By W. Thirring

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Therefore, we have only to choose those corresponding to m odd. For any such m fixed the open sets O(m−1)/2n and O(m+1)/2n have been selected. Since {X; U} is normal, there exists an open set Om/2n such that O¯ m−1 ⊂ O 2mn ⊂ O¯ 2mn ⊂ O m+1 . 2n 2n Define f : X → [0, 1] by setting f (x) = 1 for x ∈ B and f (x) = inf{t x ∈ Ot } for x ∈ X − B. By construction f (x) = 0 on A and f (x) = 1 on B. It remains to prove that f is continuous. From the definition of f it follows that for all s ∈ (0, 1] [f < s] = t~~s Ot . ~~

579 Index . . . . . . . . . . . . . . . . . . . . . . . . 585 16 17 574 576 Chapter 1 Preliminaries 1 Countable Sets A set E is countable if it can be put in one-to-one correspondence with a subset of the natural numbers N. Every subset of a countable set is countable. 1 The set S E of the finite sequences of elements of a countable set E is countable. Proof Let {2, 3, 5, 7, 11, . . , m j . } be the sequence of prime numbers. Every positive integer n has a unique factorization, of the type α n = 2α1 3α2 · · · m j j where the sequence {α1 , .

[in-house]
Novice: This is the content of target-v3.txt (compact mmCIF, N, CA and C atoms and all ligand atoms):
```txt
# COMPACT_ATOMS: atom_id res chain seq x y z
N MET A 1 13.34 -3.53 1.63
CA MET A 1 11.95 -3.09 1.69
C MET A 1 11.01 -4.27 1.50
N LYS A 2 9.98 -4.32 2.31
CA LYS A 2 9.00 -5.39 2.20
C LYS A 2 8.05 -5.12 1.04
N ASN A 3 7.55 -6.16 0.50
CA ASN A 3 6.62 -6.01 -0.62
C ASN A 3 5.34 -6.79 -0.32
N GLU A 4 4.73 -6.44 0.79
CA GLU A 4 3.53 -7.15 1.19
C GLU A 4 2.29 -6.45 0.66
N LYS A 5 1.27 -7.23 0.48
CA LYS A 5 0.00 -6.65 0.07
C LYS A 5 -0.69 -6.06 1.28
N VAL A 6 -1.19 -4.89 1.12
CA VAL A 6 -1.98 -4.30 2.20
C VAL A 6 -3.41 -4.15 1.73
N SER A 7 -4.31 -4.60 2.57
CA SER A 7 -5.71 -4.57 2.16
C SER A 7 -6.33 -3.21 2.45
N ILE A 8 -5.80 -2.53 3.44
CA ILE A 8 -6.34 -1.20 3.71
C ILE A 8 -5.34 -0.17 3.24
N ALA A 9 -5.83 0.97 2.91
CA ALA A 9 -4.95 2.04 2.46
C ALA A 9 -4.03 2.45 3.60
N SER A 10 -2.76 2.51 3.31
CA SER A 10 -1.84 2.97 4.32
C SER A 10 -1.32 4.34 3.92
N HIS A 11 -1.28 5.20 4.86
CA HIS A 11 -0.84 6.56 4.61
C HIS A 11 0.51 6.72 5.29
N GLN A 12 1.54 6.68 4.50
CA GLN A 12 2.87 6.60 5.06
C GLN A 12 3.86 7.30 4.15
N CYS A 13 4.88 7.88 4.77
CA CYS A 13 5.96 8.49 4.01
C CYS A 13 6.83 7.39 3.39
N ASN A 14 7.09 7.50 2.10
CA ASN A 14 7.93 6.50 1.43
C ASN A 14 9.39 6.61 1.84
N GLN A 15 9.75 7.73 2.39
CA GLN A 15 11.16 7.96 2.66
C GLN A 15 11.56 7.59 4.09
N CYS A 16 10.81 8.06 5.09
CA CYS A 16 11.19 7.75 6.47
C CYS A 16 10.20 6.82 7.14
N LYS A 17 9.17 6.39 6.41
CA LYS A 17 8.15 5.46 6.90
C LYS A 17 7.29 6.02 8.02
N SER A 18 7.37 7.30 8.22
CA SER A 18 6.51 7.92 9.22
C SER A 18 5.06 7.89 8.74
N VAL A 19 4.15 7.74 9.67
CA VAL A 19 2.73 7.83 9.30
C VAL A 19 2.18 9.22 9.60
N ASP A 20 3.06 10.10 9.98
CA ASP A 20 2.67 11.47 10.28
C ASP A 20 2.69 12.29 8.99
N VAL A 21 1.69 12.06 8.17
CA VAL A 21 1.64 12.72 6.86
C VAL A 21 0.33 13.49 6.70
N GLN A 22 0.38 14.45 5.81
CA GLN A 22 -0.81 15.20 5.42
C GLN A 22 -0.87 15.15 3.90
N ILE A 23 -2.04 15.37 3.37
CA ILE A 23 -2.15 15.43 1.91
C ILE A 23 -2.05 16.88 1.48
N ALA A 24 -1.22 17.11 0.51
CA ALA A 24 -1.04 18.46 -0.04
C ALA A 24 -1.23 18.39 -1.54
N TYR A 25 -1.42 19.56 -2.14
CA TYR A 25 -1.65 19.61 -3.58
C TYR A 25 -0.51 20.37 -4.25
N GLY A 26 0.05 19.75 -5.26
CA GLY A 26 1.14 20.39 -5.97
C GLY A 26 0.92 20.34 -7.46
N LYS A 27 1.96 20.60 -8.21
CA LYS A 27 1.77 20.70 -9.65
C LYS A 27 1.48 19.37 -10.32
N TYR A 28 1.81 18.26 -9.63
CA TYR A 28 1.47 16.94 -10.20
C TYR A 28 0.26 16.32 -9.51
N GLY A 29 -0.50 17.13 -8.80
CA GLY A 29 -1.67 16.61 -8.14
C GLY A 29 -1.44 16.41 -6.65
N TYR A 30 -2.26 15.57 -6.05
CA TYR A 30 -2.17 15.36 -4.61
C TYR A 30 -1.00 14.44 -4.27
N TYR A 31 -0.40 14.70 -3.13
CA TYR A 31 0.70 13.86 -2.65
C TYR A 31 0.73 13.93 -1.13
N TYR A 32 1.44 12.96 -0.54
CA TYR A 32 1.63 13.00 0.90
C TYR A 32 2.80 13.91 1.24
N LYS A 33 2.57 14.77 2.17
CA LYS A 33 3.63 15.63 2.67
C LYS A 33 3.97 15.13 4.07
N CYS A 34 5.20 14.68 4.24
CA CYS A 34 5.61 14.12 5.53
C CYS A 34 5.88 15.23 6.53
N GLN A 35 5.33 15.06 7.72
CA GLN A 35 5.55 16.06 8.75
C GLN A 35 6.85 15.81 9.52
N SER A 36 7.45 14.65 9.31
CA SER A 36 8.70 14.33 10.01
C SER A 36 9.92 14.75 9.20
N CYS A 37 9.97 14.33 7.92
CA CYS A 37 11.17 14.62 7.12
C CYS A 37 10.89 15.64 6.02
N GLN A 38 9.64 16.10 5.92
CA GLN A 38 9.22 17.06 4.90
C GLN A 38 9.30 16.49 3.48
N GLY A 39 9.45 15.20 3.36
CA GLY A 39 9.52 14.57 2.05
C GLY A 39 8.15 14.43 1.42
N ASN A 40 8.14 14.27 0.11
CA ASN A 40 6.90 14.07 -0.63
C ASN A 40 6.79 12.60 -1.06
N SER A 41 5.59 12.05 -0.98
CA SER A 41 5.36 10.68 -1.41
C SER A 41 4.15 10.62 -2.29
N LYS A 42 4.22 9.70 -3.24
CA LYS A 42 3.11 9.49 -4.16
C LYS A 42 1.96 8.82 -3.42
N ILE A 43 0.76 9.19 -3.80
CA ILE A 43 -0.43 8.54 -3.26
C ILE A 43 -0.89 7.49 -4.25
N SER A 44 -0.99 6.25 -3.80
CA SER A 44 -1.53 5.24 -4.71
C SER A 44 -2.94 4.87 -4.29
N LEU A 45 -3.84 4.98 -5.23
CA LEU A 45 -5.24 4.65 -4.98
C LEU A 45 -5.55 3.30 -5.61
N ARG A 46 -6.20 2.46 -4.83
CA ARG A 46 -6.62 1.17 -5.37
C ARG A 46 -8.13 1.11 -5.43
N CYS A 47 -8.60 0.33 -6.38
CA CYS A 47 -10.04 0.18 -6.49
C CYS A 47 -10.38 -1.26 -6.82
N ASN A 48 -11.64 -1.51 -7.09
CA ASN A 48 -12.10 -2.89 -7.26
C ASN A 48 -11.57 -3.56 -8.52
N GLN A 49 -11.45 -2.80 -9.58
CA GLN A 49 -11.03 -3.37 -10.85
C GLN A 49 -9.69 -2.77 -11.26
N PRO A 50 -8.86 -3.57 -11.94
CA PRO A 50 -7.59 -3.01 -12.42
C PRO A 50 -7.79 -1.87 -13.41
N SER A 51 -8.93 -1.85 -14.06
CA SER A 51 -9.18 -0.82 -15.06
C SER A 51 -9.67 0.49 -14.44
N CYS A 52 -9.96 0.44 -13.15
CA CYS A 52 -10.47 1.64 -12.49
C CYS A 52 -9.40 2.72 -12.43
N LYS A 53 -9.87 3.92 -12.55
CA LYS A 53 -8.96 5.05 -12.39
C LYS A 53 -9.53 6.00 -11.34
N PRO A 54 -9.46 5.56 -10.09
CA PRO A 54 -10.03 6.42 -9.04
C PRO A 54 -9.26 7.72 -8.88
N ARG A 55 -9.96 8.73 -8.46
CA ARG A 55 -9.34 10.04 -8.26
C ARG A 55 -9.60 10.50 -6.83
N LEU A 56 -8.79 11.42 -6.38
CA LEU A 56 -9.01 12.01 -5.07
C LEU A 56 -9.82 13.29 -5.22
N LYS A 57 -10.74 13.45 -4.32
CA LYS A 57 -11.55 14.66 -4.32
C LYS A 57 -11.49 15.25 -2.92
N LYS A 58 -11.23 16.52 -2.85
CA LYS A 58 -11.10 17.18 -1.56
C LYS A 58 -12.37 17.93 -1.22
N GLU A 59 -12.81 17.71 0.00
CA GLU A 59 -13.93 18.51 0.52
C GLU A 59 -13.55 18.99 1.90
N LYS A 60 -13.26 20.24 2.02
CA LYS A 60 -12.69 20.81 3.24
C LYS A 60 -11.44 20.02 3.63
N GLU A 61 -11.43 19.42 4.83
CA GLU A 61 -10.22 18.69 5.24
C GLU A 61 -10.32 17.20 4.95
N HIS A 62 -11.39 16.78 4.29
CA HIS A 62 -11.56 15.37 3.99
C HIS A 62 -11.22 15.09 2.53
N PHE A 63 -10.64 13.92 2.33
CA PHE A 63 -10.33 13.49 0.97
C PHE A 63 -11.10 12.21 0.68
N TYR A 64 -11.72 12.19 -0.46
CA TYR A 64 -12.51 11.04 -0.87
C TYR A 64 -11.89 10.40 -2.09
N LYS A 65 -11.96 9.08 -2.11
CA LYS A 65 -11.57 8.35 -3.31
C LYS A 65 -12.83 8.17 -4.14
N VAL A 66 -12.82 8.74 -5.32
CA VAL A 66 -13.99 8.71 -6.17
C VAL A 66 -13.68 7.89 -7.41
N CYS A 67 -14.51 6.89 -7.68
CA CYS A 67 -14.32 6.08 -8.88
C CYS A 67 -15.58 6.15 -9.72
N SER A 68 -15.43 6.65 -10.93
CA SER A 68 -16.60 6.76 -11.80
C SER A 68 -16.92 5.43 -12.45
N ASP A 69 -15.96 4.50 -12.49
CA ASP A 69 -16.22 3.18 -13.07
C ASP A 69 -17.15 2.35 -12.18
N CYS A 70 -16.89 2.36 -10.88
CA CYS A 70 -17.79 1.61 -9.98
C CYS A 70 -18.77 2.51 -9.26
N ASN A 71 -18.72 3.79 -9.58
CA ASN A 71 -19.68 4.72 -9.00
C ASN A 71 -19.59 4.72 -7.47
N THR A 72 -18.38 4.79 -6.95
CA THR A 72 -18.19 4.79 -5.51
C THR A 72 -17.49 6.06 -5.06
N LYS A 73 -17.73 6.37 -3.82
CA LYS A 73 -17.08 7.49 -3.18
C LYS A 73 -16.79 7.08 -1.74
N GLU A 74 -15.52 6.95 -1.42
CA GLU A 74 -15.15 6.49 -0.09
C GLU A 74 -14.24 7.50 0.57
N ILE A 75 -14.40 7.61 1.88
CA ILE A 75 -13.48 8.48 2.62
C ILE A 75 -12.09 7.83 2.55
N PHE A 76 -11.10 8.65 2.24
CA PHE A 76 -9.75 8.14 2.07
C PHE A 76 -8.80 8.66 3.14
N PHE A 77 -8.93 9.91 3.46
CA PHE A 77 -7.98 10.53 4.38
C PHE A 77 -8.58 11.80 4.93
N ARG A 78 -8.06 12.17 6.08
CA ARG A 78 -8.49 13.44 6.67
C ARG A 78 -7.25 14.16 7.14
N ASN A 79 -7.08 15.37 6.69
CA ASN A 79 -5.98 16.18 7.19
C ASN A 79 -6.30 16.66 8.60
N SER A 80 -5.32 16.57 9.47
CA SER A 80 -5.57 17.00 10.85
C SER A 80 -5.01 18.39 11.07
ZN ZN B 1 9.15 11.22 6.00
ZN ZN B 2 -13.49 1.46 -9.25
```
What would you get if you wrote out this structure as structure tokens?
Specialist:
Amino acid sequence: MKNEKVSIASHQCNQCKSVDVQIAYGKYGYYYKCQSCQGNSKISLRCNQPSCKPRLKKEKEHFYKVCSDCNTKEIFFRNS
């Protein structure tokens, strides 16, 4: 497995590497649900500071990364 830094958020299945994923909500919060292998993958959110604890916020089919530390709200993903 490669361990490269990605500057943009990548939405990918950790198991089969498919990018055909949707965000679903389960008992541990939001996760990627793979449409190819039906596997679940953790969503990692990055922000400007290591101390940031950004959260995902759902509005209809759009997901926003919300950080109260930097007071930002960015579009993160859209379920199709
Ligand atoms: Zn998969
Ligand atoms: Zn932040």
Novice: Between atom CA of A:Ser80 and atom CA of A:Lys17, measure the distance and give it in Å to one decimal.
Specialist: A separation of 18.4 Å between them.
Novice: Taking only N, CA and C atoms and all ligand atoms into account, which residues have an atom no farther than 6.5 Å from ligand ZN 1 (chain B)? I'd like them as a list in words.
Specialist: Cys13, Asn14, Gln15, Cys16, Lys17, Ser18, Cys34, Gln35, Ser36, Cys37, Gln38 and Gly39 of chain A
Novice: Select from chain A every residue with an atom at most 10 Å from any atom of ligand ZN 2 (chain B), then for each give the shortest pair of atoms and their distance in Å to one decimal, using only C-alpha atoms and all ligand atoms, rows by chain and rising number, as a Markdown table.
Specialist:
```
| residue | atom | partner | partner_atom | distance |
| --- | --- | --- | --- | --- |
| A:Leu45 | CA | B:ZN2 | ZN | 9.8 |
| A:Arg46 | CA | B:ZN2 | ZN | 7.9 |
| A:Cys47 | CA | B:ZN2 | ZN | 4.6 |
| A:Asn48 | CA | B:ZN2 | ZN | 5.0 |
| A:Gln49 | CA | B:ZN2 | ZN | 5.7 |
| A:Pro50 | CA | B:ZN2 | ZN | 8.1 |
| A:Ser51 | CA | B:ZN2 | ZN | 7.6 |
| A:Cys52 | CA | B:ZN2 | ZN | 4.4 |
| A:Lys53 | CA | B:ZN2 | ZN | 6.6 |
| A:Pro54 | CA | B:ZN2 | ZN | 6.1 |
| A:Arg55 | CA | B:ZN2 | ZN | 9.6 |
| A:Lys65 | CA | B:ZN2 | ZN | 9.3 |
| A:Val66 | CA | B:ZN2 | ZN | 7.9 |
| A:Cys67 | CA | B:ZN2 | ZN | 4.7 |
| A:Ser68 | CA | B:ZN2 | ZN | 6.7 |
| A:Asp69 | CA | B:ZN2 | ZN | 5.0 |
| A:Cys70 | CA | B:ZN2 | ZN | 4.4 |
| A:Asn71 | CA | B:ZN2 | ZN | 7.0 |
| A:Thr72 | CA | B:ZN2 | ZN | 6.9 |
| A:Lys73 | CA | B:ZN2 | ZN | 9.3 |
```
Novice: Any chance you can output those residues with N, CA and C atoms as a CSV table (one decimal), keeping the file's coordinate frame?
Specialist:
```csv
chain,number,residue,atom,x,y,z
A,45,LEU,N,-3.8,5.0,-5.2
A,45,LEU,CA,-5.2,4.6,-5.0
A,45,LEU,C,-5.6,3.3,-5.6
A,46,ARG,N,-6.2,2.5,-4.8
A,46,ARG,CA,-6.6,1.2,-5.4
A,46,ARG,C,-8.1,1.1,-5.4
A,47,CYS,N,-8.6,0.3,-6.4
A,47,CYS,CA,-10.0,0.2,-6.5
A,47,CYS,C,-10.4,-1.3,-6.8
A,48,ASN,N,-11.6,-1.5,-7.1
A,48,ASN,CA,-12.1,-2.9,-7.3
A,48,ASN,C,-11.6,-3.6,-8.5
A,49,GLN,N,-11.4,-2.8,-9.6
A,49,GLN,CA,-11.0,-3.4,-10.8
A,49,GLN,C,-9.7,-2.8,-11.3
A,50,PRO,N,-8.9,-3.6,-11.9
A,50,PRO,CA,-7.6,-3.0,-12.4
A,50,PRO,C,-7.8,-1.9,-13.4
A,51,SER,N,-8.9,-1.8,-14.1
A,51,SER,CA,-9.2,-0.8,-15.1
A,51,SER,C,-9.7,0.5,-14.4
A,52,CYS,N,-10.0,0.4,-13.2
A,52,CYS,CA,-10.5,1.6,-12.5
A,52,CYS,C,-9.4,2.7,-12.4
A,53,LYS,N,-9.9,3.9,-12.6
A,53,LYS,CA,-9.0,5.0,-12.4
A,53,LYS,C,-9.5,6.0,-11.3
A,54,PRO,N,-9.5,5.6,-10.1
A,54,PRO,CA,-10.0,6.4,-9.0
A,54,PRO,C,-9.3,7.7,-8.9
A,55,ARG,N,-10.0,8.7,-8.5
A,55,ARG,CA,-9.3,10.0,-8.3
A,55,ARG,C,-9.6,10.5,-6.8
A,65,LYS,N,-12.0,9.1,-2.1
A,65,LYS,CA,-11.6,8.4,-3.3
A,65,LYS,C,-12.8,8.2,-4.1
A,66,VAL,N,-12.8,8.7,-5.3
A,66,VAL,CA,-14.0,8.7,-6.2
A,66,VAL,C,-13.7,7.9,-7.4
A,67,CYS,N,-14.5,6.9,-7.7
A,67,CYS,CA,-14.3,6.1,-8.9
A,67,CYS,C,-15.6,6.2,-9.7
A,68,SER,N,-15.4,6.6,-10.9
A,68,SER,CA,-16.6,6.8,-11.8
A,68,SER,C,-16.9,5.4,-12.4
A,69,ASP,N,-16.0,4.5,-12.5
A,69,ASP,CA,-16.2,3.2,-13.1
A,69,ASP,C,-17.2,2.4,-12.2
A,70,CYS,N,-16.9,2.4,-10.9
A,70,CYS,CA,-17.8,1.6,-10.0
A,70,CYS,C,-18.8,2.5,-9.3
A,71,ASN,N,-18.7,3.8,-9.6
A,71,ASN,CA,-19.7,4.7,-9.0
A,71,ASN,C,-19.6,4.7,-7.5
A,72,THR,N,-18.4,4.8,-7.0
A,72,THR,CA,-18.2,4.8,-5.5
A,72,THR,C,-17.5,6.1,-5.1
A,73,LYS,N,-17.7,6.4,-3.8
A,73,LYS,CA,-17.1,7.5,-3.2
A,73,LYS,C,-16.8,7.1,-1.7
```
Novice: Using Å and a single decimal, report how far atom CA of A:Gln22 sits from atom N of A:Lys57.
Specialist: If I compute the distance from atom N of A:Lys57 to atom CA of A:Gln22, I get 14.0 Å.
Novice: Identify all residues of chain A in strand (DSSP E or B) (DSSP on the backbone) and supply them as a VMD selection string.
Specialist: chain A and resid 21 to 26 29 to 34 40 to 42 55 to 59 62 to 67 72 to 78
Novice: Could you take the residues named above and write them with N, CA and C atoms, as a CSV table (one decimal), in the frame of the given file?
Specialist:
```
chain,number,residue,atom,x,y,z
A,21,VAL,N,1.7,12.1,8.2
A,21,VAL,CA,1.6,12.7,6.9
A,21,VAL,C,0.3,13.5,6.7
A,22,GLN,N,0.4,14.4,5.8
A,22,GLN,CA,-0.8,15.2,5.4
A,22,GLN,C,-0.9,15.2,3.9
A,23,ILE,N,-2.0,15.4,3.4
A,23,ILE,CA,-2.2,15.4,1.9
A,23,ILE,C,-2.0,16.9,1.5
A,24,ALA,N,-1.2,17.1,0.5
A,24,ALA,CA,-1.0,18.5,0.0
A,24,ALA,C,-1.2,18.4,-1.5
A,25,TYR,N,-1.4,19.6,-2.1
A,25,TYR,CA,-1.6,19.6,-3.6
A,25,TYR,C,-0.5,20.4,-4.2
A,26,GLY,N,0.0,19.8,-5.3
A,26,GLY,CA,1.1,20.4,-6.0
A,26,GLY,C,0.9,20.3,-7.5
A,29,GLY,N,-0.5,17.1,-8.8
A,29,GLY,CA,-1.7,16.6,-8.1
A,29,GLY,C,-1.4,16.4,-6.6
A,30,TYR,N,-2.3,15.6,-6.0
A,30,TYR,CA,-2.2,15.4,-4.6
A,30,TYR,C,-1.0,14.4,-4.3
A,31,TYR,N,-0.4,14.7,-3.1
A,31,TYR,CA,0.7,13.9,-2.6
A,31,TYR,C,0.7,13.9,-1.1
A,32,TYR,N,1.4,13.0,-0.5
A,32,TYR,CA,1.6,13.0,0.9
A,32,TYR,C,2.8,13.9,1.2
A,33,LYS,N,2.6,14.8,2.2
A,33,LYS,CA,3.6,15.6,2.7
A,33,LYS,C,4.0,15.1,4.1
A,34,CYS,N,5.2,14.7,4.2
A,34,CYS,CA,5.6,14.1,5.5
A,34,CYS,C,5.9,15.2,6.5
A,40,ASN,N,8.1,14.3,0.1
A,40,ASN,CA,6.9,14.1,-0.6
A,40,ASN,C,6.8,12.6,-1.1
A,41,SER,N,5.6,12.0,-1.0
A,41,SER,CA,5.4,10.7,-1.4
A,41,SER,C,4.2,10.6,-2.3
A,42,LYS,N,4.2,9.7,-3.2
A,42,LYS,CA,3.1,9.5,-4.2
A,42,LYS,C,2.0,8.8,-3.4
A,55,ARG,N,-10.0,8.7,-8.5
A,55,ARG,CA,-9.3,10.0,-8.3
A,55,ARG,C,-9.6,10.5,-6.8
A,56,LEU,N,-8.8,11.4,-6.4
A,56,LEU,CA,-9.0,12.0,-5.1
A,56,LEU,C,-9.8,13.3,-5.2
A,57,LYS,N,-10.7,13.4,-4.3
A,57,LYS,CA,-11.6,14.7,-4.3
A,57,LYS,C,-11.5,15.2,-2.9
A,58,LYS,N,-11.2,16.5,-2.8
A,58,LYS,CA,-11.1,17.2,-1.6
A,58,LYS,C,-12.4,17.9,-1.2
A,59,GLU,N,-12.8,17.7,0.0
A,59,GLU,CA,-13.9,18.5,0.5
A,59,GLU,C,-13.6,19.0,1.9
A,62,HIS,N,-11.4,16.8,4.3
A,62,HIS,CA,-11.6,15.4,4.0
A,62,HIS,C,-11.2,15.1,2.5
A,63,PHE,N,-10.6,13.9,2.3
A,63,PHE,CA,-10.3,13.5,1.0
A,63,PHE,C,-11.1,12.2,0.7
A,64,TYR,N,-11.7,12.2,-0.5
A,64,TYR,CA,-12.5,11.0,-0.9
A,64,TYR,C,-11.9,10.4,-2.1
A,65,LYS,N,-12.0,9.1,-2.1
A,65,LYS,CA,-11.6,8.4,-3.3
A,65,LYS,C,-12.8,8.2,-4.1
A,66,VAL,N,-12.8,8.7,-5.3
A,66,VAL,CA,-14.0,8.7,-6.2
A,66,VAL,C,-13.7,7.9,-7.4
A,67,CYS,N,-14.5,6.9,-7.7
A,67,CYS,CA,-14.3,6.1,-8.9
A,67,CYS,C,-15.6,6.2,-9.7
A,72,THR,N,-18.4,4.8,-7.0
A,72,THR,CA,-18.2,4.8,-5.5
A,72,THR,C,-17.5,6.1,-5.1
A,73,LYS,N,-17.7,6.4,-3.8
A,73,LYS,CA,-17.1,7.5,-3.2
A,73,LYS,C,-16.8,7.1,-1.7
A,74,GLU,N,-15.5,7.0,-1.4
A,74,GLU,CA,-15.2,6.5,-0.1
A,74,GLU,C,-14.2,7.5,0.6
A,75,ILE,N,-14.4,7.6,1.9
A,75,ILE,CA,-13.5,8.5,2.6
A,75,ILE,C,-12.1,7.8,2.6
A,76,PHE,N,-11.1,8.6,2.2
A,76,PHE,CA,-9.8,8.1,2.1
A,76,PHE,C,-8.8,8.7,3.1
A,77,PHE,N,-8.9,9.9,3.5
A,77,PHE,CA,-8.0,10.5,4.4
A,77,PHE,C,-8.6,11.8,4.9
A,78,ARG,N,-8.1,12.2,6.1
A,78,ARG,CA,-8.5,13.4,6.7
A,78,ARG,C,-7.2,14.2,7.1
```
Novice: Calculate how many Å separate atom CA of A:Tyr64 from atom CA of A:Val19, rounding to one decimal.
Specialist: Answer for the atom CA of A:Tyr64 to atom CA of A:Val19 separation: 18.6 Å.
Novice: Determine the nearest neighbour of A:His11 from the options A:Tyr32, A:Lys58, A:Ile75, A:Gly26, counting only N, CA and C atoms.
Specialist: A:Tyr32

1. . . . . . The Sharp Maximal Function . . . . . . . . . . Proof of the Fefferman–Stein Theorem . . . . . . . The Marcinkiewicz Interpolation Theorem. . . . . . 1 Quasi-linear Maps and Interpolation . . . . . Proof of the Marcinkiewicz Theorem . . . . . . . . Rearranging the Values of a Function . . . . . . . . Some Integral Inequalities for Rearrangements . . . . . 1 Contracting Properties of Symmetric Rearrangements . . . . . . . . .